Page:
Ventilating the Machine Room

Although proper design and installation of ventilation systems for machinery rooms to manage ammonia leaks is of critical importance to the industrial ammonia refrigeration industry, the design and safety standards set forth in the IIAR-2 standard remain a mystery to many designers and facility owners

“That is part of the reason IIAR is instituting a certificate program,” said Dave Schaefer, chief engineer at Bassett Mechanical in Kaukauna, Wisconsin. “Obtaining the IIAR-2 certificate will confirm that an engineer has studied the design and safety standards and have shown that the individual understands the requirements.” He explained recommended practices for proper ventilation are just one of many important safety design elements found in IIAR-2.

The first step in properly ventilating a machinery room begins with the design of the ventilation system. In the event of a leak, it is vital that ammonia vapor is dispersed as high into the air as possible so that when it returns to ground level it is no longer hazardous to people. The IIAR-2 standard requires a minimum of 2,500 feet-per-minute discharge velocity. The discharge needs to be 20 feet from a lot line or building opening. “You don’t want to use mushroom style or sidewall fans,” Schaefer said.

“You want to blast the ammonia vapor straight up into the air so it dissipates quickly into the atmosphere. You don’t want it blowing into another part of the building. You want to get the discharge up and away from the facility and dilute it.”

Fans must be sized appropriately in relation to the volume of the room so that they can provide at least 30 air changes per hour. “So in other words, you have to replace the air in the room every two minutes,” Schaefer said.

A proper design brings fresh air into the room at one end and sweeps that fresh air across the room. It is most efficient to place exhaust fans on the roof above an area where an ammonia leak is most likely to occur, such as near re-circulators or other critical equipment in the machinery room. The design, which could also feature more than one fan, can also be used for temperature-control ventilation to cool the room and maintain the required machinery room temperature of 104 degrees or less.

Fan blades must be non-sparking so as not to ignite a fire. When the emergency exhaust system turns on automatically, the system should be controlled so that it must be turned off manually. The manual off control is required because the fan could be damaged if it is allowed to repeatedly cycle on and off and to assure the situation is under control before stopping ventilation.

If the ammonia vapor concentration were to reach a level of 40,000 ppm or more, turn the equipment in the machinery room off, including all compressors and pumps. The ventilation system needs to stay in operation in the event of an emergency, he said. The emergency ventilation system should be powered independently with a separate circuit from outside the machinery room. The ventilation system must have an Auto/On, be clearly identified and have a tamper resistant start switch outside the primary door. Further, intake air dampers need to fail in the open position in the event of loss of power.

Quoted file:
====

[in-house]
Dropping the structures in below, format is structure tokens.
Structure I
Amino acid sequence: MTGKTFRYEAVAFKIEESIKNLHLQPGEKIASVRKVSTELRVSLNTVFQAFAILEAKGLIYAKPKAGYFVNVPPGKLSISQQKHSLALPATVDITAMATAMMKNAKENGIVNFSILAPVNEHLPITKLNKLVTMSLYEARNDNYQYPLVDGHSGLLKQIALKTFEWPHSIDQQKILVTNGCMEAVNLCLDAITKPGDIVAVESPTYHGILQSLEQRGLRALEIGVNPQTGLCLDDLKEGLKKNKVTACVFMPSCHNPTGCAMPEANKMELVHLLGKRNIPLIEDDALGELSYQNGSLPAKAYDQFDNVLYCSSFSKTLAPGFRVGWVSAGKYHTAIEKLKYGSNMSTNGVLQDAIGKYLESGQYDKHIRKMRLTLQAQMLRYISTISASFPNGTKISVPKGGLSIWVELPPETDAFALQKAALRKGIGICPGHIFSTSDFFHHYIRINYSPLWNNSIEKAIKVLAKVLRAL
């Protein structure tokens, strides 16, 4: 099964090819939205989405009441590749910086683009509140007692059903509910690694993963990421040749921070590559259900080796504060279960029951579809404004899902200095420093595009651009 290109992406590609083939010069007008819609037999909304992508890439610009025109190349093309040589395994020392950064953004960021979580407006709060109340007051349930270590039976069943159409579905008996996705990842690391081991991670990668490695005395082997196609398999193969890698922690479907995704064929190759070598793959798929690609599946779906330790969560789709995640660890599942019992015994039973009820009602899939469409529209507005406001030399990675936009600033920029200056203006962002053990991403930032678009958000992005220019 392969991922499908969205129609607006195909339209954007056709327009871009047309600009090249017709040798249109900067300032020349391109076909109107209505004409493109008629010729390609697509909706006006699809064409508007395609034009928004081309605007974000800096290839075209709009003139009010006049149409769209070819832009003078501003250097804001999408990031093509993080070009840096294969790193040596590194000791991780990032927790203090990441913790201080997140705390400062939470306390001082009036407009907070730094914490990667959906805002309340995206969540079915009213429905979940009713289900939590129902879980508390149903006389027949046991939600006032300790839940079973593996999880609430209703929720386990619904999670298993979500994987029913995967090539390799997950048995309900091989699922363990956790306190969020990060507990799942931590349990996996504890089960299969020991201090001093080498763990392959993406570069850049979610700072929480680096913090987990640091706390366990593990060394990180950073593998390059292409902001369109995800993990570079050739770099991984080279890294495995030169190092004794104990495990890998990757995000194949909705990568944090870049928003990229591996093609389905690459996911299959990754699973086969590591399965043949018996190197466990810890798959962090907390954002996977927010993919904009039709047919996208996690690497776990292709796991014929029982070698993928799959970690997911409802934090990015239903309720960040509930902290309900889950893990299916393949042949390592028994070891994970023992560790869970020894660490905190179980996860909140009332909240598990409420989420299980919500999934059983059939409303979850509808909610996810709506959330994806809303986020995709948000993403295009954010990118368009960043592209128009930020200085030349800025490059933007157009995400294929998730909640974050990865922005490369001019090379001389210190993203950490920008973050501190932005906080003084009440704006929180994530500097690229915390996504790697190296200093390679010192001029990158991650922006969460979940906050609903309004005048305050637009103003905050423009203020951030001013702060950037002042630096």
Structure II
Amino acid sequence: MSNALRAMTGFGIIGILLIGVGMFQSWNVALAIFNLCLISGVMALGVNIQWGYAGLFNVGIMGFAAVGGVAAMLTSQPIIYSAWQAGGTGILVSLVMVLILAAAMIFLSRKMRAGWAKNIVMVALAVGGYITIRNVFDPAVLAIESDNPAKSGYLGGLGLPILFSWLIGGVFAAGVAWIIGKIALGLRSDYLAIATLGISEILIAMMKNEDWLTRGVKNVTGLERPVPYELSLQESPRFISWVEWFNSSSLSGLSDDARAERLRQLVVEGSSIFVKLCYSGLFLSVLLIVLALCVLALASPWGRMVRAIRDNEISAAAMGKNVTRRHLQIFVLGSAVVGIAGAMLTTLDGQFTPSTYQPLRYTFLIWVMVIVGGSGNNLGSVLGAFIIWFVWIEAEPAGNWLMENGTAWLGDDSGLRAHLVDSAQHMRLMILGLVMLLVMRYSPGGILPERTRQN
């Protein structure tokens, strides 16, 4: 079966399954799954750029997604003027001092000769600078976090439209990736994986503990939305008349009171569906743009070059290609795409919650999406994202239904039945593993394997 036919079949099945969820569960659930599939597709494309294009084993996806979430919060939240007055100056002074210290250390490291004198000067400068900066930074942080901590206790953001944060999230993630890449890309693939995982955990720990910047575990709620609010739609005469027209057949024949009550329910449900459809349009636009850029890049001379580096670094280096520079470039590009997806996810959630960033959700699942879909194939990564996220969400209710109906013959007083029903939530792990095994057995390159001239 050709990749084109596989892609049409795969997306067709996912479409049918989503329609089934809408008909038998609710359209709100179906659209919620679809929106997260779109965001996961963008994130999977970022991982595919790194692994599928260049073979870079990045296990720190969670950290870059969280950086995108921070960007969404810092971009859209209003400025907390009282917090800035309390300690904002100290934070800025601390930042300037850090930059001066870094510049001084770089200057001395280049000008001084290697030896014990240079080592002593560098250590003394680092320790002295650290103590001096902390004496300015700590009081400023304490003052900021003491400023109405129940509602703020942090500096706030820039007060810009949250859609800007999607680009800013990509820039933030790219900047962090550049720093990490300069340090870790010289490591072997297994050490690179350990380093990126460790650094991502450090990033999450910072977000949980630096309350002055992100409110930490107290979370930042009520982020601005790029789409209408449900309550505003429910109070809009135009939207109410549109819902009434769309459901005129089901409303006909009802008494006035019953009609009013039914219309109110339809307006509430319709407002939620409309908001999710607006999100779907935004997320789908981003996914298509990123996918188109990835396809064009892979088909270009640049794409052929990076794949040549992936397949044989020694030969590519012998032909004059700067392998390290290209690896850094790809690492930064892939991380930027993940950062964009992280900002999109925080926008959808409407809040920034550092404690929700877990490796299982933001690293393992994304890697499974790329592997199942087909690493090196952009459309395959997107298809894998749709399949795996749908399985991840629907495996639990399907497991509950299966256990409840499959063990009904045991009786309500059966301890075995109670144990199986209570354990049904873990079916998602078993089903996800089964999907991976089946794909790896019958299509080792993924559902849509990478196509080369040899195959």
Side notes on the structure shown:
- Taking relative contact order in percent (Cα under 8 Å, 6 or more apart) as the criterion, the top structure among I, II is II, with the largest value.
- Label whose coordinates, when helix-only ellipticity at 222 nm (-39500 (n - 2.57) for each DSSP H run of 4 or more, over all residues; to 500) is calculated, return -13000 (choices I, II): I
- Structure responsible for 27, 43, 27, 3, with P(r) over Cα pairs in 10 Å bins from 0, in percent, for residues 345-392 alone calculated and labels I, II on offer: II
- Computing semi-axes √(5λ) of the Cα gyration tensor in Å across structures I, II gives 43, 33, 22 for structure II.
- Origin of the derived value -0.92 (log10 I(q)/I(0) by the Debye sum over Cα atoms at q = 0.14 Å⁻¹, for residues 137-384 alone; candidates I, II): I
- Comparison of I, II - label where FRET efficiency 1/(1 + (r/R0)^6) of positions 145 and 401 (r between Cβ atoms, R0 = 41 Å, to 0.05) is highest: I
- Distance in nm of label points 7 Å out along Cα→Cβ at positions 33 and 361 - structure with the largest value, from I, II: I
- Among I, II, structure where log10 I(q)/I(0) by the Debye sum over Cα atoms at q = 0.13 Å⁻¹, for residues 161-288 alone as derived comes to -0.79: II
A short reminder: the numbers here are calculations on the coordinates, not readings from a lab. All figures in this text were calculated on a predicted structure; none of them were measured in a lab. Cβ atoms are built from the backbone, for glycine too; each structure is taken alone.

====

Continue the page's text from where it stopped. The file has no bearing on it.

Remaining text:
Facilities located in cold climates should consider heat trace and insulating the water lines in the machinery room. With the requirements for leak detection having been lowered from 1,000 parts-per-million to 150 ppm, water freezing becomes an issue because the ventilation system now will start operating at the lower 150 ppm level.

Management of the ventilation system requires monitoring the emergency ventilation fans on a 24/7 basis to ensure proper operation. “You have to ensure there is air flow across the fan with a pressure differential sensor or make sure the amp draw is sufficient,” Schaefer said. “If it’s not pushing the air, the fan motor won’t draw as many amps. You have to make sure it’s moving the right amount of air.”

In the event of an ammonia leak, sweeping the room with fresh air requires the proper placement of the exhaust fan and intake air. The intake that provides fresh air could be a louver, a louver with a damper or a fan that supplies the air. “The designer needs to make sure the air doesn’t short-circuit because you want to provide fresh air to every part of that room to keep the ammonia concentration to an acceptable level,” Schaefer said.

One leak-related issue to be aware of is the presence of liquid ammonia on the floor. Spraying water onto the liquid ammonia will flash that liquid into the air and create a potentially high concentration of ammonia vapor in the room. The wiser option is to utilize absorbents or allow the liquid to boil off naturally.

Under IIAR-2 design and safety standards issued in 2014, the engine room must have continuous ventilation when it is occupied. Requirements now state that one-half cubic foot per minute, per square foot or 20 cfm per occupant is needed, or whichever is greater.

“We see a lot of machinery rooms that are not designed to IIAR-2 design and safety standards, so education in this area is very important,” Schaefer said. “Ammonia ventilation systems are one of the most important safety systems we have, so they need to be designed and installed properly.”